Table 3: Cell percentage at each cell cycle phase under different conditions.
Figure 8: Cell viability was measured at 48 or 72 hours after treatment with 1% serum. (a) Cell viability after treatment with 1% serum for 48 hours. (b) Cell viability after treatment with 1% serum for 72 hours. (c) Quantitative analysis of cell viability in different groups. Red represents dead cells. Green represents living cells. Scale bar: (a)-(b) 100 μm.

After cell cycle synchronization, the synchronized BMSCs were cocultured with conditioned medium, soluble bFGF, chitosan alone, or bFGF-CCRS, respectively, and their differentiation percentage into neural cells of each group was also detected. As shown by the qRT-PCR results, compared to the nonsynchronized control group, there were more nestin+, Tuj-1+, and MAP2+ cells in the bFGF-CCRS group after BMSCs were synchronized to the G0/G1 stage (Figures 9(a)9(c)). The differentiation percentage of GAD67- and ChAT-positive cells also increased (Figures 9(d)-9(e)).

Figure 9: After cell cycle synchronization to the G0/G1 phase, the differentiation percentage of BMSCs into neural lineages was further increased under different coculture conditions than those nonsynchronized group. S indicates the synchronized group and NS indicates the nonsynchronized group. Data represent the means ± SE.

We quantitatively analyzed the G0/G1 cell percentages after cell cycle synchronization and double-labeled the synchronized cells with BrdU and Ki-67. Because Ki-67 is expressed in all cell cycle stages except for the G0 phase, we used Ki-67- and BrdU+ to designate G0/G1 cells [23]. The results suggested that cell cycle synchronization improved the percentage of G0/G1 cells and made more cells differentiate (Figures 10(a)10(c)). Next, we tested the expression of the BTG2 molecular switch that controls the transformation from proliferation to differentiation and found that BTG2 expression was significantly improved compared with the nonsynchronized group at every time point (day 1 P=0.001, day 3 P=0.001, day 7 P=0.004, day 10 P=0.002, and day 14 P=0.001). This also suggested that more cells had their fate changed from proliferation to differentiation, thus facilitating the differentiation percentage of BMSCs into neural lineages (Figures 10(f)10(h)). We also investigated the expression levels of BTG in the soluble bFGF cells before and after synchronization, and no significant changes were found, indicating that the improvement of the differentiation ratio may be achieved by the bFGF-CCRS and synchronization. Additionally, we examined the expression of key factors in the MAPK signaling pathway and observed that the expression levels of key genes (ERK and C-fos) in the MAPK signaling pathway were increased in the synchronized group compared with those in the nonsynchronized group (day 1 P=0.0006, day 3 P=0.0001, day 7 P=0.00003, day 10 P=0.0005, and day 14 P=0.0001) (Figure 10(d)).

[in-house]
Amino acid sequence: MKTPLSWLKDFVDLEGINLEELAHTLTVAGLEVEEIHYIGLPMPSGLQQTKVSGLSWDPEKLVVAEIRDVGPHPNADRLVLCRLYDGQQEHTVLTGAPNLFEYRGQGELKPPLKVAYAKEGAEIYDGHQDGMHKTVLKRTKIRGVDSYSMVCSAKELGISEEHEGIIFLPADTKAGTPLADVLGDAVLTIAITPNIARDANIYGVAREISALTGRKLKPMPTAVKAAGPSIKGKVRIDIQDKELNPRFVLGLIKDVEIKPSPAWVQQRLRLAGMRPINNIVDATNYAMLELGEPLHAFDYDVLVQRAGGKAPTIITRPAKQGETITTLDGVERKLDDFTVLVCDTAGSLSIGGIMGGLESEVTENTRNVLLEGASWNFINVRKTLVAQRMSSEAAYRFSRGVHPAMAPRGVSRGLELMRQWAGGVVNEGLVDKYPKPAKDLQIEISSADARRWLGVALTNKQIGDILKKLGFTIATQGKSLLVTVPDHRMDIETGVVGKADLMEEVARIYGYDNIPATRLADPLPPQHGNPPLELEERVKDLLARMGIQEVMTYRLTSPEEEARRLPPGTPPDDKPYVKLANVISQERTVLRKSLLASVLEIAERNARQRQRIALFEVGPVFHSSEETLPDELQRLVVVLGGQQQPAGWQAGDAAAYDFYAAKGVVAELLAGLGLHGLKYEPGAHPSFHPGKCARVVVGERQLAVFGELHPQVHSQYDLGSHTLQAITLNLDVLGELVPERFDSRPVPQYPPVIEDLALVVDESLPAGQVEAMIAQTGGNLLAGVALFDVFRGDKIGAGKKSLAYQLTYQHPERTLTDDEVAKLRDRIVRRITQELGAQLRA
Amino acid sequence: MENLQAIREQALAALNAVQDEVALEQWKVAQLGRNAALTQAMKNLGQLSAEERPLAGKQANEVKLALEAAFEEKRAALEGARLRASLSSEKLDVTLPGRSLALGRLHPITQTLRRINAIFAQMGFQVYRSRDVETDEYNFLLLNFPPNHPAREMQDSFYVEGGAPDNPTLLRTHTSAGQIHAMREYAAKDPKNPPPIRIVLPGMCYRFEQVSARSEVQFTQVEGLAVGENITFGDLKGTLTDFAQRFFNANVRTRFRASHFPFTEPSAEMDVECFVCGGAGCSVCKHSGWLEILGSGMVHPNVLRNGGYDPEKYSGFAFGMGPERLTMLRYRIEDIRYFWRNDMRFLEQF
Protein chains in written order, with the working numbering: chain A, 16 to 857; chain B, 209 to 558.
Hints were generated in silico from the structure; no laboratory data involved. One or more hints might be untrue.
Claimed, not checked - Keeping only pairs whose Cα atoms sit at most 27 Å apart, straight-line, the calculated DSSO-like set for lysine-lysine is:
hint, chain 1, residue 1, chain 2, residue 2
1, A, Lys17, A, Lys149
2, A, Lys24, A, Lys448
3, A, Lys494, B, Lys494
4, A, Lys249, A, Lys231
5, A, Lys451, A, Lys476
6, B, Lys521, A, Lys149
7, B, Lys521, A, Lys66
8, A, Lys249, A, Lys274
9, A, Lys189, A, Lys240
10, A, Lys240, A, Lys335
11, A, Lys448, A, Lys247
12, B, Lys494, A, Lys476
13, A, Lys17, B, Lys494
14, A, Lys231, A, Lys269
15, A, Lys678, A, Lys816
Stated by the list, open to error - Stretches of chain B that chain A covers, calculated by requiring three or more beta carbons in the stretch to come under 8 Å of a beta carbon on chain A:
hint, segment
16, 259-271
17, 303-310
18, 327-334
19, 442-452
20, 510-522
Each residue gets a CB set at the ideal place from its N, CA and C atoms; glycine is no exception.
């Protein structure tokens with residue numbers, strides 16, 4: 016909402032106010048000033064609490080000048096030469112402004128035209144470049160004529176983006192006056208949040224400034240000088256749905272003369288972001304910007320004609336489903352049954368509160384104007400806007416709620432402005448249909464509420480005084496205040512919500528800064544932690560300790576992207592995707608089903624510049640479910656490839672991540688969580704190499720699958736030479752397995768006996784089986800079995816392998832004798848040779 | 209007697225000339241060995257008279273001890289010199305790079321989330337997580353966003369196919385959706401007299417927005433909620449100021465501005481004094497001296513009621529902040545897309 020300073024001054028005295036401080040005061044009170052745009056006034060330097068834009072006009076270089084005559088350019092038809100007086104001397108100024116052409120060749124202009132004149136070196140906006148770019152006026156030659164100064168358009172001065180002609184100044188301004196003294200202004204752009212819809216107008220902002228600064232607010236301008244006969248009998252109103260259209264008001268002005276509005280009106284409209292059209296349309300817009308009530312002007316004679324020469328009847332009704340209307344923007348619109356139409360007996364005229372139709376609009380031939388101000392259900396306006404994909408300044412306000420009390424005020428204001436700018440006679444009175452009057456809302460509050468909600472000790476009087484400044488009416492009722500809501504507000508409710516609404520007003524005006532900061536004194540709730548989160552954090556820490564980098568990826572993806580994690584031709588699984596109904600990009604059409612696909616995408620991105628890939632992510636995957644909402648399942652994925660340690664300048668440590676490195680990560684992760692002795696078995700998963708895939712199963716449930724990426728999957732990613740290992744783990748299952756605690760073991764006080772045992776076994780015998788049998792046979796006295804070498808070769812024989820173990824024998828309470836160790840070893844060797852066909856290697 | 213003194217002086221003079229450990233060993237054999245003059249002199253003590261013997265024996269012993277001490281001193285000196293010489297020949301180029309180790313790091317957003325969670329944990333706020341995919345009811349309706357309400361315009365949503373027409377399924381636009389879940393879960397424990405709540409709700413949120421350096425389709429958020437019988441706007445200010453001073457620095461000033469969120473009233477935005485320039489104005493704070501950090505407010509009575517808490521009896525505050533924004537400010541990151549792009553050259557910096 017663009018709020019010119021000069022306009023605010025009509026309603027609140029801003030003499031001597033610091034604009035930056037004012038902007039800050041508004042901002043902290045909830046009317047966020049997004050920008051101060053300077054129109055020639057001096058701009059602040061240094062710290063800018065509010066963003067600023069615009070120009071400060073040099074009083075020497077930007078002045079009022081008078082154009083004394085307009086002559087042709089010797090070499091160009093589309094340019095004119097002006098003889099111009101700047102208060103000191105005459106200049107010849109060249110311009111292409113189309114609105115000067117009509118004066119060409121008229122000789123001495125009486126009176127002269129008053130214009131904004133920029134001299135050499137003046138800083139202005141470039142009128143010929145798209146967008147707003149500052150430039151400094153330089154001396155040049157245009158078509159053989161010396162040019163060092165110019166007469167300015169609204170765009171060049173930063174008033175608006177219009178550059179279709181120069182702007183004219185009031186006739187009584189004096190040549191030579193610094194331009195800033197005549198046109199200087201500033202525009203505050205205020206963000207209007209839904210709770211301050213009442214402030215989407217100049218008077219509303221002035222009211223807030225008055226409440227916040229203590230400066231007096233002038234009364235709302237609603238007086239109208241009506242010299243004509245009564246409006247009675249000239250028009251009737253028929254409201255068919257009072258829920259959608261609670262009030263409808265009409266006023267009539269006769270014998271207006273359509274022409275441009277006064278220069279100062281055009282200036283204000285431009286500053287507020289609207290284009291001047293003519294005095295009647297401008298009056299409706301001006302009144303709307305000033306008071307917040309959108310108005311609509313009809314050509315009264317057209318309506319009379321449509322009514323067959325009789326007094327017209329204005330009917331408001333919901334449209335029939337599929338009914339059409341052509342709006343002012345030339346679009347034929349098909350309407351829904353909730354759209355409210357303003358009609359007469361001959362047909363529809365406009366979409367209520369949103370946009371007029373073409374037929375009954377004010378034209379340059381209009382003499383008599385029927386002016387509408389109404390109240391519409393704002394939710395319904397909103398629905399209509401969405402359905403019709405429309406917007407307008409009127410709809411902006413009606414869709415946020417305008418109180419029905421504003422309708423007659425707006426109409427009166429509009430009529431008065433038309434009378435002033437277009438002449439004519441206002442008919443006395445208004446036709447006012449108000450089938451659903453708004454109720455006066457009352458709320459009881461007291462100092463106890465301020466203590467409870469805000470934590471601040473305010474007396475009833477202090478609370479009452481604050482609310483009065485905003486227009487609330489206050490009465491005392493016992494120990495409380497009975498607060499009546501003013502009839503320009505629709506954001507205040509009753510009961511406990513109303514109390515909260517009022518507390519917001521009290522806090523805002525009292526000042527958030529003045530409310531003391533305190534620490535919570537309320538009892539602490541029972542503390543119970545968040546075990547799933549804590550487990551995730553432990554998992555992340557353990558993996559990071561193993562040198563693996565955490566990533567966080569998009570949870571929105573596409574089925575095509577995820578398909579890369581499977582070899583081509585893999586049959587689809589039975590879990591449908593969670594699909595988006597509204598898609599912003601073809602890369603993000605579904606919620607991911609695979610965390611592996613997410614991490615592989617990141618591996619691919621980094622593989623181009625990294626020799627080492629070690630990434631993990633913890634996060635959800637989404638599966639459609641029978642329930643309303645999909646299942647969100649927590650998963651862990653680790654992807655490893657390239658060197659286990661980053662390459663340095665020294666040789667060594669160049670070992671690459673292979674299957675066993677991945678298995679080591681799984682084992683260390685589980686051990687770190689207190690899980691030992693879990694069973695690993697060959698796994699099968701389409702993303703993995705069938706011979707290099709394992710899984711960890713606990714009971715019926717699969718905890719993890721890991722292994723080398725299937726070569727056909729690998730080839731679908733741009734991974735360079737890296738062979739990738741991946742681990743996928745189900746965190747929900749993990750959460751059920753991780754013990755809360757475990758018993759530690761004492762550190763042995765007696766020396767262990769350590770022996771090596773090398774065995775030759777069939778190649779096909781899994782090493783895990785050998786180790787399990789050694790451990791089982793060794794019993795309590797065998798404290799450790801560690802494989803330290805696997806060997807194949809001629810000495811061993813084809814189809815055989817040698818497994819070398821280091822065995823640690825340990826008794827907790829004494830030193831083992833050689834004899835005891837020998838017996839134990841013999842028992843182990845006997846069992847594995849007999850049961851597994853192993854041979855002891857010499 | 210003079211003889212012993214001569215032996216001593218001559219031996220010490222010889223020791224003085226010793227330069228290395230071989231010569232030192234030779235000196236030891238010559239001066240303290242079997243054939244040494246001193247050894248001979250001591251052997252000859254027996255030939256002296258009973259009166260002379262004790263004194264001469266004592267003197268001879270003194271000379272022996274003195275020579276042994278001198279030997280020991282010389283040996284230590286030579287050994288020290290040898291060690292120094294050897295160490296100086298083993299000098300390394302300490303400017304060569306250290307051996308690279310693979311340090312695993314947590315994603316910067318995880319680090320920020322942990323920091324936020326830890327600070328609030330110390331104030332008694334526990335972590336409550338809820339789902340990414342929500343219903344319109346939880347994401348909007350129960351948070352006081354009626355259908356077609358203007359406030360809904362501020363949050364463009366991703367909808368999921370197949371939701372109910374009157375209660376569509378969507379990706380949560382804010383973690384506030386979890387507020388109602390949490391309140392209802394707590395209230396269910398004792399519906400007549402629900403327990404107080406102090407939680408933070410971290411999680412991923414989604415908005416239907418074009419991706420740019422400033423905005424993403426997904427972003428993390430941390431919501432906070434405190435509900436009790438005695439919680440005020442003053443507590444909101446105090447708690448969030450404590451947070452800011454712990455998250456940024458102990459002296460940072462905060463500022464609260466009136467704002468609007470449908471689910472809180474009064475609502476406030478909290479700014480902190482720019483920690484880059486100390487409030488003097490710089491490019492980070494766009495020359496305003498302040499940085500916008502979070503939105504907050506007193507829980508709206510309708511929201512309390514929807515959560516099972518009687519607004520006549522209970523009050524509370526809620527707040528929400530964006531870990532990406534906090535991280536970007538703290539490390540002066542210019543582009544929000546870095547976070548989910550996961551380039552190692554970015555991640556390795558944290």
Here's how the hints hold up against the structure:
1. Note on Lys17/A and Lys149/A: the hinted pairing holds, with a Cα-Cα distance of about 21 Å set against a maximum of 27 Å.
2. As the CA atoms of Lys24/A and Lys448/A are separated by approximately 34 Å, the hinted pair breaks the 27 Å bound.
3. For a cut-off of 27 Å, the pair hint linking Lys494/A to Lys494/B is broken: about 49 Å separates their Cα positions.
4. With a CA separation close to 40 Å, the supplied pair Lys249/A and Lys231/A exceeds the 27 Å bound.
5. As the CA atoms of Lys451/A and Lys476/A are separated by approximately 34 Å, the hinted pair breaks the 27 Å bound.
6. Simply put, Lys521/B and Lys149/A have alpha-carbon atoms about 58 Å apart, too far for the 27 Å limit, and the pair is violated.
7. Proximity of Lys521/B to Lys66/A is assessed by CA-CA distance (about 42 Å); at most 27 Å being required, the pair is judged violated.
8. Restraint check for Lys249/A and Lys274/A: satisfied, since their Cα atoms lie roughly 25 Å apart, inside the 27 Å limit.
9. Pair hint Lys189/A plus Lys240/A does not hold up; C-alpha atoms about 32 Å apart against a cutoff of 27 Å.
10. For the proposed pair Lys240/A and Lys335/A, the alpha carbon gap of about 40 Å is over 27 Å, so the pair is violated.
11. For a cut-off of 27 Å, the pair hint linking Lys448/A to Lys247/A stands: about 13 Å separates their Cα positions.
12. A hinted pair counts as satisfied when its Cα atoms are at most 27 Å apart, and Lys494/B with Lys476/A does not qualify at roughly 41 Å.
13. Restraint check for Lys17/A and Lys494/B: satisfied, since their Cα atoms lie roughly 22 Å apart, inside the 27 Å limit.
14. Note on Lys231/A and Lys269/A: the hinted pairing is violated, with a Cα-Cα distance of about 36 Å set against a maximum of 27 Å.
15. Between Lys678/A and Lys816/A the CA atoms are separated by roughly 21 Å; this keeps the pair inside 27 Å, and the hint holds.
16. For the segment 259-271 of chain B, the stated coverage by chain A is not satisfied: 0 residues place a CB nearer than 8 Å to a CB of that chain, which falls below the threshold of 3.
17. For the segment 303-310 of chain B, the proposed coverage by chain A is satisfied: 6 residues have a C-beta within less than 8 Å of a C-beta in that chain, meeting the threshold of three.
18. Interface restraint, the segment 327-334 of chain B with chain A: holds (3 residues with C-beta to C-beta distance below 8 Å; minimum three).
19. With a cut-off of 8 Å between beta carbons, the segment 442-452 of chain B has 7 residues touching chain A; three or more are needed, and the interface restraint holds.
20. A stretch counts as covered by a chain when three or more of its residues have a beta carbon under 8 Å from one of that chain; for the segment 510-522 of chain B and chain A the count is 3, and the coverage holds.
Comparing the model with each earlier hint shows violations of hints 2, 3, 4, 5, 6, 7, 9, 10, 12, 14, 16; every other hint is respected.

Figure 10: Cell cycle synchronization affects cell fate through MAPK signaling pathway. (a-b) BrdU and Ki-67 staining before and after cell cycle synchronization (BrdU+ is red and Ki67 is green). (c) Quantitative analysis of BMSC numbers at the G0 stage. Data represent the means ± SE; P <0.01. (d) Expression of the bFGF receptor FGFR1 at different time points for synchronized and nonsynchronized cells. S indicates the synchronized group and NS indicates the nonsynchronized group. (e) The expression of the c-fos transcription factor in the MAPK signaling pathway for synchronized and nonsynchronized cells. (f) The expression of the ERK transcription factor in the MAPK signaling pathway for synchronized and nonsynchronized cells. (g) The expression difference of the molecular switch BTG2, which regulates the transformation from cell proliferation to differentiation, before and after cell cycle synchronization. (h) The expression of BTG2 for the group of soluble bFGF and condition medium. Data represent the means ± SE.

4. Discussion

In previous studies, NSCs were used as the primary cell source to induce cell differentiation. However, because of their limited and dormant populations in adults, difficult acquisition, and secondary damage to the body, NSCs are considered not suitable for the treatment of some central nervous system (CNS) degenerative diseases and CNS traumatic injuries, which are caused by the loss of neural cells (especially neurons). Therefore, it is very advantageous to use nonneural lineages as cell sources, which are easy to obtain and expand, while causing minimal damage to the body. BMSCs, a type of pluripotent stem cell originating from the bone marrow, can be easily obtained and expanded. Although they originate from the mesoderm, they can differentiate into neurons. Until recently, inducing BMSCs to differentiate into ectodermal neural lineage cells was confronted with many problems that included complex induction approaches, low differentiation rates, poor functionality and poor stability, etc. [2429].